my_list = ['Red', 'Green', 'Blue'] # Your example list

script_filter_items = [] # We will build this array with the elements for the Script Filter

my_list.each do |element| # For each item in your list
  script_filter_items.push(title: element, subtitle: element, arg: element) # Add them to the empty array
end

puts({ items: script_filter_items }.to_json) # Transform it into JSON Alfred understands

 

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Or to continue with AS, look at the examples here:

 

 

This is what I used to figure out how to do the recent folders and active folders scripts in 

 

 

 

 

 

And here's a solution for you:

 

set theList to {"Red", "Green", "Blue"}

# What next?

-- import JSON library
set workflowFolder to do shell script "pwd"
set json to load script POSIX file (workflowFolder & "/json.scpt")

-- Create and add items
set theItems to {}
repeat with i from 1 to count theList
	set end of theItems to json's createDictWith({{"title", (item i of theList) as text}, {"uid", i},{"arg", (item i of theList) as text}, {"subtitle", "Same Words " & (item i of theList) as text}})
	
end repeat


-- Create root items object and encode to JSON
set itemDict to json's createDict()
itemDict's setkv("items", theItems)
return json's encode(itemDict)

 

Edited by dfay
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@vitor Thanks a ton for the explanation and the two working examples. This was extremely helpful, and it got me thinking that I could probably figure out a way to use my existing AppleScript to generate the list and then feed it into your JavaScript or Ruby script filter examples? It's a pretty complicated AppleScript - for my scripting ability, anyways - that generates the list. To be sure, I don't disagree with any of your statements - or others' on this forum - about AppleScript's 💩 status. But it would take me ages to learn one of these better languages, and then reverse engineer the existing AppleScript. As you can tell, I hardly understand AppleScript 😉

 

@dfay Thanks for the sources above! One of the first failed variations that I mentioned above came from my hackneyed attempts at pulling out pieces of your windows workflow (the one that works for Preview and a few others apps). When @deanishe mentioned a json.scpt file, I knew that I had seen one in your workflow, so I used it in several iterations. But I could never get any of them to work. However, I completely forgot about your more streamlined workflows for only Preview and Finder. In the multi-app version, I think stringing all those variables together for the different apps got me a little turned around. In any case, I'll go back and take a look at those other versions. Thanks a ton!!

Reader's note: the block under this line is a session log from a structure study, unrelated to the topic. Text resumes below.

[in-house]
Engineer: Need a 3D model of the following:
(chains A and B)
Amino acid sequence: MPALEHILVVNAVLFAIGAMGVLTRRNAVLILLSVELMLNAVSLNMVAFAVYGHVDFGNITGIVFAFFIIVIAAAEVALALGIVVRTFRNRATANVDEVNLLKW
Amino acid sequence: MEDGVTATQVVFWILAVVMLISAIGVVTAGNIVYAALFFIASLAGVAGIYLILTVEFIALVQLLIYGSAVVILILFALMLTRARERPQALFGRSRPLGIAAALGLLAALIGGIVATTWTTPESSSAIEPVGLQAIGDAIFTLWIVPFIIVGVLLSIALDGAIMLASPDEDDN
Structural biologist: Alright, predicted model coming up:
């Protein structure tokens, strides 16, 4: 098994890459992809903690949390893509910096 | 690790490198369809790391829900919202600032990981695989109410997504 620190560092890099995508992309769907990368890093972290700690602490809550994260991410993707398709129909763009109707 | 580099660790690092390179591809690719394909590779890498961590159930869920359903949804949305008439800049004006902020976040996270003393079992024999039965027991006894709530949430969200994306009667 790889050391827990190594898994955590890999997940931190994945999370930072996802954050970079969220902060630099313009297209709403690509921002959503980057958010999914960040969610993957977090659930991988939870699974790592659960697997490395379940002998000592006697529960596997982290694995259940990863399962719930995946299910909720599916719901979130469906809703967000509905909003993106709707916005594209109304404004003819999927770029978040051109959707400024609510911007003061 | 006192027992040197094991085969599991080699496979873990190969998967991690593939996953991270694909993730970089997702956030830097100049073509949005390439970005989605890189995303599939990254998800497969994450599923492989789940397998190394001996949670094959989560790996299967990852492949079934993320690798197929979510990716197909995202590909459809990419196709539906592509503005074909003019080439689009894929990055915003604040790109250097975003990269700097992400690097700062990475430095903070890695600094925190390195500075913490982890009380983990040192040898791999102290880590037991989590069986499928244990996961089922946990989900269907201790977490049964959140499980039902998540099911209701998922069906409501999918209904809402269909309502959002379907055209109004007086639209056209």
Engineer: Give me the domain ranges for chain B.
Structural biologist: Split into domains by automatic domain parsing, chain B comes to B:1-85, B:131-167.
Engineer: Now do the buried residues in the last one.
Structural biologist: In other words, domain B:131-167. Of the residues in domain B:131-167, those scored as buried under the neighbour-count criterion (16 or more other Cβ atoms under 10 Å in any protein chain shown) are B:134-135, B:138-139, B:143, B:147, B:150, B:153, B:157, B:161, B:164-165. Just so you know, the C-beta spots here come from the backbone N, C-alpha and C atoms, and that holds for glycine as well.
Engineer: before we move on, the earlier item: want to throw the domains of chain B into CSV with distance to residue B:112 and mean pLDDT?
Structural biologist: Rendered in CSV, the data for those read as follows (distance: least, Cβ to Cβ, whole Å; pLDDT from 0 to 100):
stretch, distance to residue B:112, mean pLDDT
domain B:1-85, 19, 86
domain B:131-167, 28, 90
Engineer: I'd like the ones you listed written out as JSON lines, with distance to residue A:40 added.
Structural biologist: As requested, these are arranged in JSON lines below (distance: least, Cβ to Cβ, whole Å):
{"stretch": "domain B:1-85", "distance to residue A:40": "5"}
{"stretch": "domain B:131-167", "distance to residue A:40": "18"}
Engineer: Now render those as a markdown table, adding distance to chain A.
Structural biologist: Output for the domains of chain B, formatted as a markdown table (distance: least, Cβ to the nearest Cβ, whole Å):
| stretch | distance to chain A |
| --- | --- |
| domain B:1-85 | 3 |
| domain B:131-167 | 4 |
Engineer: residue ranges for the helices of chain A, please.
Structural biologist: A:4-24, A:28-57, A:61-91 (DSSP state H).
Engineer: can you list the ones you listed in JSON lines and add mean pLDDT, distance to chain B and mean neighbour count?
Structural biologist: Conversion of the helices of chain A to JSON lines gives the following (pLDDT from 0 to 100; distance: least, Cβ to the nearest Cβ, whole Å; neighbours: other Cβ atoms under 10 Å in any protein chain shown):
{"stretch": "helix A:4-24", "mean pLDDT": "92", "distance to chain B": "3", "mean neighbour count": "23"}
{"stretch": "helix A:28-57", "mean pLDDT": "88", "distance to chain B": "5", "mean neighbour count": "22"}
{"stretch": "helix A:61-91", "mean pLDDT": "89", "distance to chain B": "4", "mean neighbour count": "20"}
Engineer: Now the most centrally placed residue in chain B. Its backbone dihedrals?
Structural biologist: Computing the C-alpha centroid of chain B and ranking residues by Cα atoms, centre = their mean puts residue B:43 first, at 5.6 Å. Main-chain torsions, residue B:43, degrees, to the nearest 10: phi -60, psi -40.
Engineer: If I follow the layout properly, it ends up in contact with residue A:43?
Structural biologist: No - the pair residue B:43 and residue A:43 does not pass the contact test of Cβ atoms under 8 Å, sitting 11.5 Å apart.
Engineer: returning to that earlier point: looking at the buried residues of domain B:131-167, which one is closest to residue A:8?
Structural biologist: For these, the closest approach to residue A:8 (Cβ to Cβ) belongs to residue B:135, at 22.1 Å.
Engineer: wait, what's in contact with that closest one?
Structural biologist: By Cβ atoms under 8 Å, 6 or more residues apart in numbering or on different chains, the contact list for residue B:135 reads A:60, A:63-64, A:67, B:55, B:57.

I can't thank you both enough!!

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6 hours ago, Jasondm007 said:

As you can tell, I hardly understand AppleScript 😉

 

That's normal, tbh. It's insane.

 

It'd probably be a better use of your time trying to re-implement your workflow in a sensible language (if that's possible) than muddling through with AppleScript. It's so crazy, I still don't really understand it after using it for years.

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@dfay@vitor & @deanishe - Thanks for taking the time out to help a coding neophyte, like myself. I really appreciate it. Honestly, I can't thank you guys enough.

 

Alfred's great, but it wouldn't be the first thing I'd install on a Mac, if it weren't for you guys and others on the forum. I've learned a ton from you guys!

 

For others who may be struggling with script filters and JSON outputs, I've uploaded a new version of the workflow to use as a learning example: Download Workflow. 

  • The workflow combines everyone's suggestions from above: AppleScript, JavaScript & Ruby.
  • All three are nearly identical, with the exception that the JavaScript and Ruby versions lack the prefix "Same Words" in the subtitle.
  • This should be enough to get you started, if you're also struggling to get your head around how script filters' outputs work.
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  • 2 weeks later...

@dfay@vitor & @deanishe - I've been tinkering around quite a bit with my old workflows have updated some of them with script filters. For the most part, everything seems to working great! I really like the flexibility they provide over other fixed lists, etc.

 

However, I have three small questions that I was hoping to bounce off you.

 

1 - The first question has to do with how to manually add items to the script filter's output. Building on the previous example - which contained a list with the colors Red, Green, and Blue - let's say that I want to manually add options for the colors Yellow and Orange (i.e., they're not in the original list). As shown below in the script filter's code bold, do you just add them after the repeat loop? This seems to work fine, but I wanted to make sure I wasn't going to break anything. 

 

2 - If I wanted to give the Yellow and Orange items their own icons, how would I specify that? Assume that the workflow's folder contains an image for each ("iconyellow.png" and "iconorange.png"). The approach below does not work (shown in bold). The output just displays the usual icon for the workflow ("icon.png"). Based on feedback from other posts (e.g., Post 1, Post 2), I've tried several permutations of this approach, but I haven't had any luck thus far.